Valve marketing guy Doug Lombardi says the developer may have chosen the wrong word when it described the follow-ups to Half-Life 2 as “episodes.”

Ever get annoyed by the fact that Valve seems to take longer to make an “episode” than most developers take to make an entire game? Lombardi says it’s because they’re not really episodes at all, they’re just shorter games. “The notion of the word ‘episode’ conjures up this idea of television where you get something new every week,” he said in an interview with CVG. “And people say, ‘We thought that episodic meant we were going to get something new every six months or every year.'”

Though they may not be episodes in the strictest sense, Lombardi believes that Valve is on the right path with shorter games. “I think a lot of folks in the industry saw the same problem that we did with Half-Life 2 in that making a 20-hour game with rich graphics, story, etc., is a really expensive proposition both in time and money,” he said. “And some have started making games about the same length as Episode 2, but they haven’t changed what they call it, and they haven’t changed the price.”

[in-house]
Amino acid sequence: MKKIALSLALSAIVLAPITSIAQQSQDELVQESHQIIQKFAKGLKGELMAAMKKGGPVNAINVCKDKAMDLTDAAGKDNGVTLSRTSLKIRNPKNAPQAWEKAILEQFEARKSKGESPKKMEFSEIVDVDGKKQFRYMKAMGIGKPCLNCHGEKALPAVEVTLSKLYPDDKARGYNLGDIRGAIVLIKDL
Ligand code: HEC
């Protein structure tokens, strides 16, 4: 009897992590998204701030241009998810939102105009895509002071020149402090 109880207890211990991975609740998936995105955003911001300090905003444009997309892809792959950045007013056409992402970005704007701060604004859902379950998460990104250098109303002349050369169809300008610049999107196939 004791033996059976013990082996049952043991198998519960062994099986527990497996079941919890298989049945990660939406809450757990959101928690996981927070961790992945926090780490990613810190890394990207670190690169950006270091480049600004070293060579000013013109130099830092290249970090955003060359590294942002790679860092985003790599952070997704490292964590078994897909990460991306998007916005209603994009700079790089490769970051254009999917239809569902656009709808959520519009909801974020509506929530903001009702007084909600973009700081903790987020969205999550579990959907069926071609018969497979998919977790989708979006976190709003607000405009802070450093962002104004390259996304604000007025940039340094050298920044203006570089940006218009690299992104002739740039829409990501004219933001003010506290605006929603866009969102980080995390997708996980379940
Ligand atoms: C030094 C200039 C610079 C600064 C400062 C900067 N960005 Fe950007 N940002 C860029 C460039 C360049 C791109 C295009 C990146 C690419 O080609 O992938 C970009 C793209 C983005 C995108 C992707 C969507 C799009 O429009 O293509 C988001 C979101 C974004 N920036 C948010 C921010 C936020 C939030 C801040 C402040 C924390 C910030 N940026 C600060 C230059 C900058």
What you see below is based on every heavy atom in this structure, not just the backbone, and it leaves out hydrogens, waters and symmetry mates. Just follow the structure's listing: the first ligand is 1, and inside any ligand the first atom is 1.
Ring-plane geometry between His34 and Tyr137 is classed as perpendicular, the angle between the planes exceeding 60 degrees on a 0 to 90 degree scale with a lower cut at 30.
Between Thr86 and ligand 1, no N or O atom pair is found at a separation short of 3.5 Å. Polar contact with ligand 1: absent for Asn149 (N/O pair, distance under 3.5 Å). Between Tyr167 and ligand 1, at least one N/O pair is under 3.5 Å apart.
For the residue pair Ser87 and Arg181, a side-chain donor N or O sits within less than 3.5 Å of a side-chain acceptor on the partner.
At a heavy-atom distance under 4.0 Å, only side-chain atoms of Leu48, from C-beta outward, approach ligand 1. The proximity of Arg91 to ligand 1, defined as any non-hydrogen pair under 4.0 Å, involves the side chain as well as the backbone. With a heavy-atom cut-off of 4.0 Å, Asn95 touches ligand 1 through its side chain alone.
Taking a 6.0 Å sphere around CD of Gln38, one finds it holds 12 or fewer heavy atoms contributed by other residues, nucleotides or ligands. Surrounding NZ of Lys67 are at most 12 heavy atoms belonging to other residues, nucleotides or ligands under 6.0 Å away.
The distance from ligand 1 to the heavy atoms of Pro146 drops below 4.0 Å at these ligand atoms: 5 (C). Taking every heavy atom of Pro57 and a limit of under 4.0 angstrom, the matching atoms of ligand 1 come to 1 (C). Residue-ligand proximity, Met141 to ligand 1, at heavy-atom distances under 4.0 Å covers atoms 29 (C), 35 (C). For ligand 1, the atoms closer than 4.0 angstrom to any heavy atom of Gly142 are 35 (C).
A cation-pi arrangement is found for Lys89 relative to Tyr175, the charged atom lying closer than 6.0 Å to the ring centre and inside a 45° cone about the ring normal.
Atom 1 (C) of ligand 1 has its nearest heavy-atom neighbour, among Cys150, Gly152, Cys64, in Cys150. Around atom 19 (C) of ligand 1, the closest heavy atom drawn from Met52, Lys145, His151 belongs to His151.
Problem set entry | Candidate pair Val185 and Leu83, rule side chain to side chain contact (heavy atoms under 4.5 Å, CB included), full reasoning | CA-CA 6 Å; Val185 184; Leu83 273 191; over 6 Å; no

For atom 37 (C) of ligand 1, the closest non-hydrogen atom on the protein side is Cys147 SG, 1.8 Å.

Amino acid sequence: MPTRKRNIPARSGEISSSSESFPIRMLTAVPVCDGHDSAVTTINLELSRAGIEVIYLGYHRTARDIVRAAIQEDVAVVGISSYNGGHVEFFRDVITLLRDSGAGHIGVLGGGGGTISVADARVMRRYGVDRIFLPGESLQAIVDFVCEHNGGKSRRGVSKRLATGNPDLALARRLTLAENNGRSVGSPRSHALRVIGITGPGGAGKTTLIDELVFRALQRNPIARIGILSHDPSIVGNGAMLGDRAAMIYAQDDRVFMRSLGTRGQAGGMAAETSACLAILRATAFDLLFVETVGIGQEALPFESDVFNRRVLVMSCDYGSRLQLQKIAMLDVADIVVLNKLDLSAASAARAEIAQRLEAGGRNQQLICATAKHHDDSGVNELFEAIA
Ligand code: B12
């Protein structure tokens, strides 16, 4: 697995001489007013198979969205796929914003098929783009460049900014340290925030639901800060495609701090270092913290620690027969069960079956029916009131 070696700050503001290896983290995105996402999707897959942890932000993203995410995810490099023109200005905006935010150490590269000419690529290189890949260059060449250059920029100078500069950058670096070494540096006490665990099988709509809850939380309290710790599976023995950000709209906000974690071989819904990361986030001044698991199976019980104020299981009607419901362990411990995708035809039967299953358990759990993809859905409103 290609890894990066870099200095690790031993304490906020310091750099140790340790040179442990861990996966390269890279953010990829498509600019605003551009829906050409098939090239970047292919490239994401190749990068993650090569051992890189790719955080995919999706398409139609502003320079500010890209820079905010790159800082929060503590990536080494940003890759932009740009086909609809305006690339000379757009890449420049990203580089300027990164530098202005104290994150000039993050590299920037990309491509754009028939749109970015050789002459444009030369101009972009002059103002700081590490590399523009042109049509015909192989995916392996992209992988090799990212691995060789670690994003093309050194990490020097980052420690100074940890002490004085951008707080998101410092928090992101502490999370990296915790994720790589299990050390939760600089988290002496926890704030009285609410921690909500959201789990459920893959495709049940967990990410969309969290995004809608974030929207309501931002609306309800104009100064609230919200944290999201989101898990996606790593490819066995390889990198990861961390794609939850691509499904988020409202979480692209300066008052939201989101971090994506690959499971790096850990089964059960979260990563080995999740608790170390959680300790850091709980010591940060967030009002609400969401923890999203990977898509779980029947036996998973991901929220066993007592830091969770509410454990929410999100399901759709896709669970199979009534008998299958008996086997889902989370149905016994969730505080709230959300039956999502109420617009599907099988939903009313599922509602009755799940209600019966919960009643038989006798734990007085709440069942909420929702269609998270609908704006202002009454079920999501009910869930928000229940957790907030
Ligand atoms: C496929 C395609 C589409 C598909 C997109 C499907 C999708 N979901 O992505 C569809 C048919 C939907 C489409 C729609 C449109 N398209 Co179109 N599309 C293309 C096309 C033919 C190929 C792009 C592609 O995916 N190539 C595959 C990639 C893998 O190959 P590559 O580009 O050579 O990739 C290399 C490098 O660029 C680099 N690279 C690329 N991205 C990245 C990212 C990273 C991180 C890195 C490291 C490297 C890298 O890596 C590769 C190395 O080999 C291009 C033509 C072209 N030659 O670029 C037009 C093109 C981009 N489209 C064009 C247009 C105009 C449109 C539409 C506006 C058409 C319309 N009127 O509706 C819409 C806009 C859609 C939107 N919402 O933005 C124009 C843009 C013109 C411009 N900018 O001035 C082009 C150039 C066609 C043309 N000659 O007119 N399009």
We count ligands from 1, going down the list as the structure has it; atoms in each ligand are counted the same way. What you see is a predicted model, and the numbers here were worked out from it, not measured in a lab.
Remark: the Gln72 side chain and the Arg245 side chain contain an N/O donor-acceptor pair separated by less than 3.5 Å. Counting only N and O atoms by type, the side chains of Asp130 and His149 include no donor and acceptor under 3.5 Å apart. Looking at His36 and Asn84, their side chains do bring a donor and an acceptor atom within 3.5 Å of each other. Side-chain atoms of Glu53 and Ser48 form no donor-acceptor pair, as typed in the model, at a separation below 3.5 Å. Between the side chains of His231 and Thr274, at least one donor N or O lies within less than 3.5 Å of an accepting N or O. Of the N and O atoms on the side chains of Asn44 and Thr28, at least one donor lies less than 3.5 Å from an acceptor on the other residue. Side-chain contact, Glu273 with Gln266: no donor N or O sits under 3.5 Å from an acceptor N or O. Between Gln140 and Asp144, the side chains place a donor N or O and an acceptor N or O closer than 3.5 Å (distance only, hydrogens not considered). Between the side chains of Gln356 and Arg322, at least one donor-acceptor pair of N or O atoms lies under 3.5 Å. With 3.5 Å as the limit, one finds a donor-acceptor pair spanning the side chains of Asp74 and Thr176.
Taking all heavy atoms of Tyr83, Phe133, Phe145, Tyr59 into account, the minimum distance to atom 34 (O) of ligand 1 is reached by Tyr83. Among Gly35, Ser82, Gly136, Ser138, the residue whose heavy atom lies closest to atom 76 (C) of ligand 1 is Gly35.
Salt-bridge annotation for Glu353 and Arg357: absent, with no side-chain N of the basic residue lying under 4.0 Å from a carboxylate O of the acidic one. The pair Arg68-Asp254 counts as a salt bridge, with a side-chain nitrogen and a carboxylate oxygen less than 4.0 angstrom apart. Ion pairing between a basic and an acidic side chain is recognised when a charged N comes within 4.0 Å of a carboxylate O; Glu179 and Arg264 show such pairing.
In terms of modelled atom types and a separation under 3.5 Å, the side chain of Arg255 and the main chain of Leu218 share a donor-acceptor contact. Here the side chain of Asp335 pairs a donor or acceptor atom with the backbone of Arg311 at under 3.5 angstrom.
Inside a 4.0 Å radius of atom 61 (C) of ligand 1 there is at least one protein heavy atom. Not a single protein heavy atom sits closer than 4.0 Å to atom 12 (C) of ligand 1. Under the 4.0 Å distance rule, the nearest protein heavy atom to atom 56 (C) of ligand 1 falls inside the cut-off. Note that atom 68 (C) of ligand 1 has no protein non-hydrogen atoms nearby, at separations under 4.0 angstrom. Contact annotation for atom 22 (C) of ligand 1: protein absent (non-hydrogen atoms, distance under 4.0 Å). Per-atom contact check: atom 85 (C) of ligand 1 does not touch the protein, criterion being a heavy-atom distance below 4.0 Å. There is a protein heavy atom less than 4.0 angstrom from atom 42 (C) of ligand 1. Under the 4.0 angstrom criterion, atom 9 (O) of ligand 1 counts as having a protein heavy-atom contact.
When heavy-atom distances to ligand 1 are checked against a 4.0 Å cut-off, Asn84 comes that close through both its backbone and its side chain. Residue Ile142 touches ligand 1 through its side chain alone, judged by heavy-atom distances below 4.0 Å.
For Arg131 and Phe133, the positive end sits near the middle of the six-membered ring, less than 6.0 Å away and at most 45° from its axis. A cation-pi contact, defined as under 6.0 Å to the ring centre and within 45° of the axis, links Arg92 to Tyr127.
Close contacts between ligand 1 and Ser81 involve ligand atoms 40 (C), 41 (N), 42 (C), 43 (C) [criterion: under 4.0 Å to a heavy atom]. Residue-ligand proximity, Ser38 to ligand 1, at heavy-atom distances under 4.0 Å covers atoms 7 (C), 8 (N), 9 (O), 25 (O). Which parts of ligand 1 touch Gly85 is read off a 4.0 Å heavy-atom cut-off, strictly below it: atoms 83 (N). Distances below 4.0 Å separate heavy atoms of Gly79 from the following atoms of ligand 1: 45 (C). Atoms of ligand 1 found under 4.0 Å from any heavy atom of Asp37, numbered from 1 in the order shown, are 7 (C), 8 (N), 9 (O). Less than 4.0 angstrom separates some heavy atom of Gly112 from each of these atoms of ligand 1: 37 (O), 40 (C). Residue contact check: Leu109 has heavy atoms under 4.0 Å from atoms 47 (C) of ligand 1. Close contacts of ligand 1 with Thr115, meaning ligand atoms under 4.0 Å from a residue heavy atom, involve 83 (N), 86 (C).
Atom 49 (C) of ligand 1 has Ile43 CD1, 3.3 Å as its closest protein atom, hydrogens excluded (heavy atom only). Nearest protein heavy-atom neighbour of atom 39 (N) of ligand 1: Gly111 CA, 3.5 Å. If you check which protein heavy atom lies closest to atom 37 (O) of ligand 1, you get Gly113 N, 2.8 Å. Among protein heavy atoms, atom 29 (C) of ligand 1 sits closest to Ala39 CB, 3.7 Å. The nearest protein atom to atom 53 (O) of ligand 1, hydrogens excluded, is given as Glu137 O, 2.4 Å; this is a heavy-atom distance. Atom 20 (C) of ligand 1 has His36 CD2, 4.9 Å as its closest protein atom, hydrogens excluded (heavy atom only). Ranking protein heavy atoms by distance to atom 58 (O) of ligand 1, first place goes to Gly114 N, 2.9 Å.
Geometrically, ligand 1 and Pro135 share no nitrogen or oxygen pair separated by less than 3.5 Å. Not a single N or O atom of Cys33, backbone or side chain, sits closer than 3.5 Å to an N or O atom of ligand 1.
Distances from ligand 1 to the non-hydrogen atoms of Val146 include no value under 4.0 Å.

“In a way you’re charging people $50 but they’re only getting $18 worth out of it – that’s not necessarily the best way to go,” he added. “So I think we tried to be a bit more honest about it, and maybe we chose the wrong word in ‘episode’ in that it conjured up this TV analogy.”

I give credit to Valve for charging a reduced price for shorter gameplay, but his comment about gamers misunderstanding his use of “episode” smells like a little bit of retconning: In early 2006 he told GameSpot that Half-Life 2 was going episodic, and when asked if that meant there would be a “regular flow of content,” he said, “Yes.”

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